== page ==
Amateur and professional sports differ in their rules and objectives, and Muay Thai is no exception. The following are a few examples of the differences, though the rules between amateur bodies tend to vary significantly in comparison to professional organizations. Muay Thai Ontario aligns to the International Federation of Muaythai Amateur’s rule set, which sets the standard for amateur Muay Thai across the world.
|Muay Thai Ontario||Amateur Elsewhere||Professional|
|Rules||Geared towards protecting the health and safety of the athlete.|
|Objectives||To win by landing more scoring strikes.
Knock-outs are accidental
|To win by stopping an opponent with cuts, a knock-out, or in a spectacular manner.|
|Scoring||Accumulation of effective strikes
Balance & Coordination
|Rounds||Male: 5 x 3 minute rounds, 2 minute rest
Female: 5 x 2 minute rounds, 2 minute rest
|Gloves||10 oz||6 to 12 oz||6 to 10 oz|
|Referee Duties||Primarily responsible for athlete safety.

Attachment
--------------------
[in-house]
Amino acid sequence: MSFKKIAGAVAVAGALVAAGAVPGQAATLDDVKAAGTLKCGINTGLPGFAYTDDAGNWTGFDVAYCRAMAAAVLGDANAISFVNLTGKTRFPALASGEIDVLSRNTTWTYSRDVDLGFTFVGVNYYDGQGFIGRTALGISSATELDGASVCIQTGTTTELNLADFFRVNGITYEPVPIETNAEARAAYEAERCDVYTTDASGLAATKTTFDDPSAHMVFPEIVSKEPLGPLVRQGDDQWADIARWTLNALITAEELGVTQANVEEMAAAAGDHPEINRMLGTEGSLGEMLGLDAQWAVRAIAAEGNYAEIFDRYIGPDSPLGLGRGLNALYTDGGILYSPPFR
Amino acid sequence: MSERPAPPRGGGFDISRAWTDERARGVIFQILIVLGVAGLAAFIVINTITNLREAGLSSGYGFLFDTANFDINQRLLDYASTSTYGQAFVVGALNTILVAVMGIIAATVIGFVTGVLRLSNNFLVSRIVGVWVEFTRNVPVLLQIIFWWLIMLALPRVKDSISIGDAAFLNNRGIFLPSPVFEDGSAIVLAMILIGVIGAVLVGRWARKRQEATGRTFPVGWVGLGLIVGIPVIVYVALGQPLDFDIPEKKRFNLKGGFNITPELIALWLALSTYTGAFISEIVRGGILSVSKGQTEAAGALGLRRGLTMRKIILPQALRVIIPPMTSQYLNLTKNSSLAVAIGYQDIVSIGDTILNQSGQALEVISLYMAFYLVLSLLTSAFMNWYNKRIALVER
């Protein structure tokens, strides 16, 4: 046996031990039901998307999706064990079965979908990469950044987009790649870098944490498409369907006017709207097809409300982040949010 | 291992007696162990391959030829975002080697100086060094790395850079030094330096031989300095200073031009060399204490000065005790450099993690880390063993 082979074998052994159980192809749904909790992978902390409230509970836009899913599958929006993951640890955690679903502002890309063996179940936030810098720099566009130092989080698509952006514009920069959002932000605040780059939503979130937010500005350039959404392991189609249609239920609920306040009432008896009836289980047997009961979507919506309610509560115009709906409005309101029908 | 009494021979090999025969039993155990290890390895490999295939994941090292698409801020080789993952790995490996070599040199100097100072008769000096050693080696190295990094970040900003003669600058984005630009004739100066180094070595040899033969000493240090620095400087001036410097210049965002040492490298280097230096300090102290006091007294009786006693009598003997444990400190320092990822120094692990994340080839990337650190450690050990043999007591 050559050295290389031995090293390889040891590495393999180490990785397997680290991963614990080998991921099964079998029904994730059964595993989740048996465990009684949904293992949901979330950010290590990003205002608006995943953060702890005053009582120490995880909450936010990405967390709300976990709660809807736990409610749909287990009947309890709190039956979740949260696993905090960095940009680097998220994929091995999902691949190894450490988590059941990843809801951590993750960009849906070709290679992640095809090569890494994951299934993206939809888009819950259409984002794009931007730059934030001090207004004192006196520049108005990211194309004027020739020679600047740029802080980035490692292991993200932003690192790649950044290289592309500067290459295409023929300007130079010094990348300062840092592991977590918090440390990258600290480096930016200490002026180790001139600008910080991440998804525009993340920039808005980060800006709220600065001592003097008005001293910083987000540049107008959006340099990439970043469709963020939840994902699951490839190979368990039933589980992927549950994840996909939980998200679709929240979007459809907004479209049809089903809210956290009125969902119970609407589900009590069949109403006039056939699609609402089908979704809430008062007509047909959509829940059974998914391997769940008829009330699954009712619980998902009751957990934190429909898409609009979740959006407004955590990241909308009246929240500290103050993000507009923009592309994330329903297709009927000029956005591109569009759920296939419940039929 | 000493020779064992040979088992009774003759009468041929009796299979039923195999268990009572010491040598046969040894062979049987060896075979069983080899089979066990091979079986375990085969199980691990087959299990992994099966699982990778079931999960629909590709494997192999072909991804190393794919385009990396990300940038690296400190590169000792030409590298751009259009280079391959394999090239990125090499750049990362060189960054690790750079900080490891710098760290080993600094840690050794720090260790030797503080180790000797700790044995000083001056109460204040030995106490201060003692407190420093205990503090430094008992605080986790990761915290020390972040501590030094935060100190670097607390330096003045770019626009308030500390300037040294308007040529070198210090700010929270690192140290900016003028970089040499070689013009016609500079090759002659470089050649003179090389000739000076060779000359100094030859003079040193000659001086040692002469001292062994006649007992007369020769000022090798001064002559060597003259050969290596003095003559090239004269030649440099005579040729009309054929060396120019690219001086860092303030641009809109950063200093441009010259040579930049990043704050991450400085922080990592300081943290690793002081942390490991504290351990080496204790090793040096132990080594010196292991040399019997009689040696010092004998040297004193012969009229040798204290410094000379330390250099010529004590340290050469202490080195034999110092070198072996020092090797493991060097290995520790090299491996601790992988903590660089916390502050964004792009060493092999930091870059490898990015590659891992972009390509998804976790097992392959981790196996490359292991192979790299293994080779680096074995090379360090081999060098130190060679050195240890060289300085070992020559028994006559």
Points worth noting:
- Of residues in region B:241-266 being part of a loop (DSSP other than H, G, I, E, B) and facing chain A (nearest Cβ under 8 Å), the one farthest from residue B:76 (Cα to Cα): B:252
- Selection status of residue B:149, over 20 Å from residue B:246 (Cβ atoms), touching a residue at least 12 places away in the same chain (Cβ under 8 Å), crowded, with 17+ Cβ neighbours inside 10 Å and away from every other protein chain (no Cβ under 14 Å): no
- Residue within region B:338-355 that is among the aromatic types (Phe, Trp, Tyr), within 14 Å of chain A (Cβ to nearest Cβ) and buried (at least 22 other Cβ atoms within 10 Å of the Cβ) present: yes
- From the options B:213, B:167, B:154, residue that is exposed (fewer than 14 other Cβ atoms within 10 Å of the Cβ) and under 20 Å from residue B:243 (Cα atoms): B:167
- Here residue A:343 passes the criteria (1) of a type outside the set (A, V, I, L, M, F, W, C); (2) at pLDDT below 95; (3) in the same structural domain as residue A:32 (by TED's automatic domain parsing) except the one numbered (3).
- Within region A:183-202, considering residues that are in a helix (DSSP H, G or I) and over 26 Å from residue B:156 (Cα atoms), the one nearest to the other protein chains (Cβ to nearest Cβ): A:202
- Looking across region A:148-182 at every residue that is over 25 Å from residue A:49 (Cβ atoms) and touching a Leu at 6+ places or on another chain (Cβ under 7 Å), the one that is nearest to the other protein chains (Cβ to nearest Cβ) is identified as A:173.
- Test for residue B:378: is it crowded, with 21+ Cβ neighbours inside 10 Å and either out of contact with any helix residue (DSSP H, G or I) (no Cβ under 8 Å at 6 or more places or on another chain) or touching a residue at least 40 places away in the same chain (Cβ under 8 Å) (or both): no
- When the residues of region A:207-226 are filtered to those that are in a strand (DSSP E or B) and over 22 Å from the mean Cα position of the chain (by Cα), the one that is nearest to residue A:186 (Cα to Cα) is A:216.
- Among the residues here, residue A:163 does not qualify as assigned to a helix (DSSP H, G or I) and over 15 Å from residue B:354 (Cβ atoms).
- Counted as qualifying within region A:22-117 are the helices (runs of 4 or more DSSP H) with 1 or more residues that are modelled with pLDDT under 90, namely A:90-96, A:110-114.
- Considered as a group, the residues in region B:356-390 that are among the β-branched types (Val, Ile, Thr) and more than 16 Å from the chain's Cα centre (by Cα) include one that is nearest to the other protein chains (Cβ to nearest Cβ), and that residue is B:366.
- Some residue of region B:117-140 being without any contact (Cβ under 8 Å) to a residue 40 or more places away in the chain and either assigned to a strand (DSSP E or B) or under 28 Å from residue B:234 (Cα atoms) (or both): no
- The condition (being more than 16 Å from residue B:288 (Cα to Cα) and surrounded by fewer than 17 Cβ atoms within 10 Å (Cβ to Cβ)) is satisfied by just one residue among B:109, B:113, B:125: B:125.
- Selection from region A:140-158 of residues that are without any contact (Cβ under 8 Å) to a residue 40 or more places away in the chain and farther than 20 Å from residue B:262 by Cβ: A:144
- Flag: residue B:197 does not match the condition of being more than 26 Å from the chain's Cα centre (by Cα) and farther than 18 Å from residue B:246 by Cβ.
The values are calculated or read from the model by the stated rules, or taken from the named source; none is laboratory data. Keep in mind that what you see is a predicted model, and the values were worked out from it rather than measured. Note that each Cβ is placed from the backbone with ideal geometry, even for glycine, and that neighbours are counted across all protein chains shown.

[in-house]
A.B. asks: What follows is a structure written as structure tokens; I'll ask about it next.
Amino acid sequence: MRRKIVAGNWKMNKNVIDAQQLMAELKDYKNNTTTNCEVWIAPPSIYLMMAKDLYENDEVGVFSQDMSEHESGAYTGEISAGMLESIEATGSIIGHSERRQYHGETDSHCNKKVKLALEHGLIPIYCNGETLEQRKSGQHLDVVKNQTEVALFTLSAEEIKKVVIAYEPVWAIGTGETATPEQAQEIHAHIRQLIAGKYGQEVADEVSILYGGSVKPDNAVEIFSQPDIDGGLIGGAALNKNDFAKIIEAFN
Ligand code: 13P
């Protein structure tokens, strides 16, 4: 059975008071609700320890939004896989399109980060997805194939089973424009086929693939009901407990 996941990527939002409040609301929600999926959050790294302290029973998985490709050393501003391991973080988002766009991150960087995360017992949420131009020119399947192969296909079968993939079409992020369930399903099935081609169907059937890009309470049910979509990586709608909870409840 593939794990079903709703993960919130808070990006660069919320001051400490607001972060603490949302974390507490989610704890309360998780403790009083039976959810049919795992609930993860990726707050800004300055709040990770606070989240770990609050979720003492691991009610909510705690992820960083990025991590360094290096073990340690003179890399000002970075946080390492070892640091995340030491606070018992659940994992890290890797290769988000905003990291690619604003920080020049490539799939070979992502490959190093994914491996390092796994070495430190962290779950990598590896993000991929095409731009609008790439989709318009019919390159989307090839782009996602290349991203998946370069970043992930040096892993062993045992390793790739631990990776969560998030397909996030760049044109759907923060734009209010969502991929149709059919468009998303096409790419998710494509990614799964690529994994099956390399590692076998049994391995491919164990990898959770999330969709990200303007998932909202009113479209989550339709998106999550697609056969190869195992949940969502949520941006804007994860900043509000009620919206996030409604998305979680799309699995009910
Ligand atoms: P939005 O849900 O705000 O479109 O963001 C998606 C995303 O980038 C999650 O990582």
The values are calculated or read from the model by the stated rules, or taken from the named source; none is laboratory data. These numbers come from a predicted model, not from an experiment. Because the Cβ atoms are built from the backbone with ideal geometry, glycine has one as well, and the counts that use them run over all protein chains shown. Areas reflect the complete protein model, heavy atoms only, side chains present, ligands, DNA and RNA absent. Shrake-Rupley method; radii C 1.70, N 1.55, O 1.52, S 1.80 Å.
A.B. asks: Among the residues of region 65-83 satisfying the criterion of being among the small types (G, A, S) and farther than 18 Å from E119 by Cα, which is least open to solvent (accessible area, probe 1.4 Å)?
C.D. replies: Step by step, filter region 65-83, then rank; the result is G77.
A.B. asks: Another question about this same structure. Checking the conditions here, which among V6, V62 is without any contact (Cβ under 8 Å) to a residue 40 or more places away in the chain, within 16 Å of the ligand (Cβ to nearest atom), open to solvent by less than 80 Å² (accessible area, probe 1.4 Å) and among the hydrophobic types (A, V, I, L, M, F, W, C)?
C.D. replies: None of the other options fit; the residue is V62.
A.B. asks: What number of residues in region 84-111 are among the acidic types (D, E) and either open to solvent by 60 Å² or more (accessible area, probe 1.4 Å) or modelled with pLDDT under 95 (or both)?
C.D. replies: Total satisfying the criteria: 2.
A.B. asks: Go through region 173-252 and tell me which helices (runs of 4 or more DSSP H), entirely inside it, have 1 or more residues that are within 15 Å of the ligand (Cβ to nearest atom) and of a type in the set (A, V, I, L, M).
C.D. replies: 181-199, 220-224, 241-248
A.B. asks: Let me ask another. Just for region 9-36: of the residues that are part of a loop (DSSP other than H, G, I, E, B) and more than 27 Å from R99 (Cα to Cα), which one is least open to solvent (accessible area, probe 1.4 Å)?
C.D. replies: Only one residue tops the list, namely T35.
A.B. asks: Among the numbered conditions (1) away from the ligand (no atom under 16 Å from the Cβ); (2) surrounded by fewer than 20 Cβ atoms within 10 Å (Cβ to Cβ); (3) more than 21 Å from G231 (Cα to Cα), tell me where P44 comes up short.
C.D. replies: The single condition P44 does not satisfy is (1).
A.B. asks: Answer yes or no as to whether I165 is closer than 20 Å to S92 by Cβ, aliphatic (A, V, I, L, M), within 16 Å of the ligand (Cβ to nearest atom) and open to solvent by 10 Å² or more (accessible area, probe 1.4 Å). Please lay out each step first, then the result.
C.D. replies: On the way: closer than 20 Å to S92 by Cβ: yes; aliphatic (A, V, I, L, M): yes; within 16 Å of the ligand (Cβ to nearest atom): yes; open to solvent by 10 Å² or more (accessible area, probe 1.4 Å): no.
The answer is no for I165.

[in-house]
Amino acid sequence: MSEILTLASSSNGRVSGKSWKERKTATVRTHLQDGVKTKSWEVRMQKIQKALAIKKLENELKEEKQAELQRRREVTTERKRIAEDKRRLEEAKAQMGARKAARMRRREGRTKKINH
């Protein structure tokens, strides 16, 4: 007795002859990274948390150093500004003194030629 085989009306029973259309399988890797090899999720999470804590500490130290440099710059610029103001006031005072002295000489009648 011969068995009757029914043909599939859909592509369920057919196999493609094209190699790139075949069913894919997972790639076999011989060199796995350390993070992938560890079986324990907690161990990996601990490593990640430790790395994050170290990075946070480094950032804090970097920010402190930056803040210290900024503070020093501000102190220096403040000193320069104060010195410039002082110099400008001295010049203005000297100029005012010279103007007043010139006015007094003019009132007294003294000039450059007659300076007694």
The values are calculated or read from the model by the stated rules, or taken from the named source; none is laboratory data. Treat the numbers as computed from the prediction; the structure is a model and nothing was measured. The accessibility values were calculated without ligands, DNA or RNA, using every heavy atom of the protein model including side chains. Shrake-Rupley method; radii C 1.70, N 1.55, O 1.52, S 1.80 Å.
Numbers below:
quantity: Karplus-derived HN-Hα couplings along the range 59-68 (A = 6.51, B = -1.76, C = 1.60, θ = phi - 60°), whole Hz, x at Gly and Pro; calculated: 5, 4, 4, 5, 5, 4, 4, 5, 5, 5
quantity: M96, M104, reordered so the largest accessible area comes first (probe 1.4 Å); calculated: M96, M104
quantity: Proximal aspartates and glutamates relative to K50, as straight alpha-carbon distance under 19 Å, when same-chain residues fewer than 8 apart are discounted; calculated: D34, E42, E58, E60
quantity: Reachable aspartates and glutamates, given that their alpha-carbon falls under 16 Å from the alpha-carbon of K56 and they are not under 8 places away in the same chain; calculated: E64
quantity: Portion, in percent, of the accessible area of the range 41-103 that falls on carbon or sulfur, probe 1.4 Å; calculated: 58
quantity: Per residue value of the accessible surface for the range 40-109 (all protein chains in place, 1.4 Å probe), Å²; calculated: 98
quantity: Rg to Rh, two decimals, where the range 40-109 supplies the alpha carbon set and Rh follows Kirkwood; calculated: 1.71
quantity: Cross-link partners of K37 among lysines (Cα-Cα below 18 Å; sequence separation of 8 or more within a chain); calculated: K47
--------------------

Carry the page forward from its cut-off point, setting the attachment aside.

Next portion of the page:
Prevent undue injury.
Enforce the rules of competition.
|Enforce the rules of competition.
End competition when an athlete is injured or helpless.
|Standing 8||Administered when an athlete is in distress.
After three 8 counts the bout is ended.
|Knock-outs||Accidental, and to be prevented||Desired. Often provides a pay bonus|
|RSC Outclassed||If an athlete is over-matched and has difficulty defending against a far superior opponent the referee stops the contest.|
|Class System||Progression from C class to Open class keeps similarly experienced athletes paired.
Allows for the staggered introduction of more dangerous techniques as athletes develop the experience to use them.
|Does not exist.|
|Fouls||Additional fouls per Class|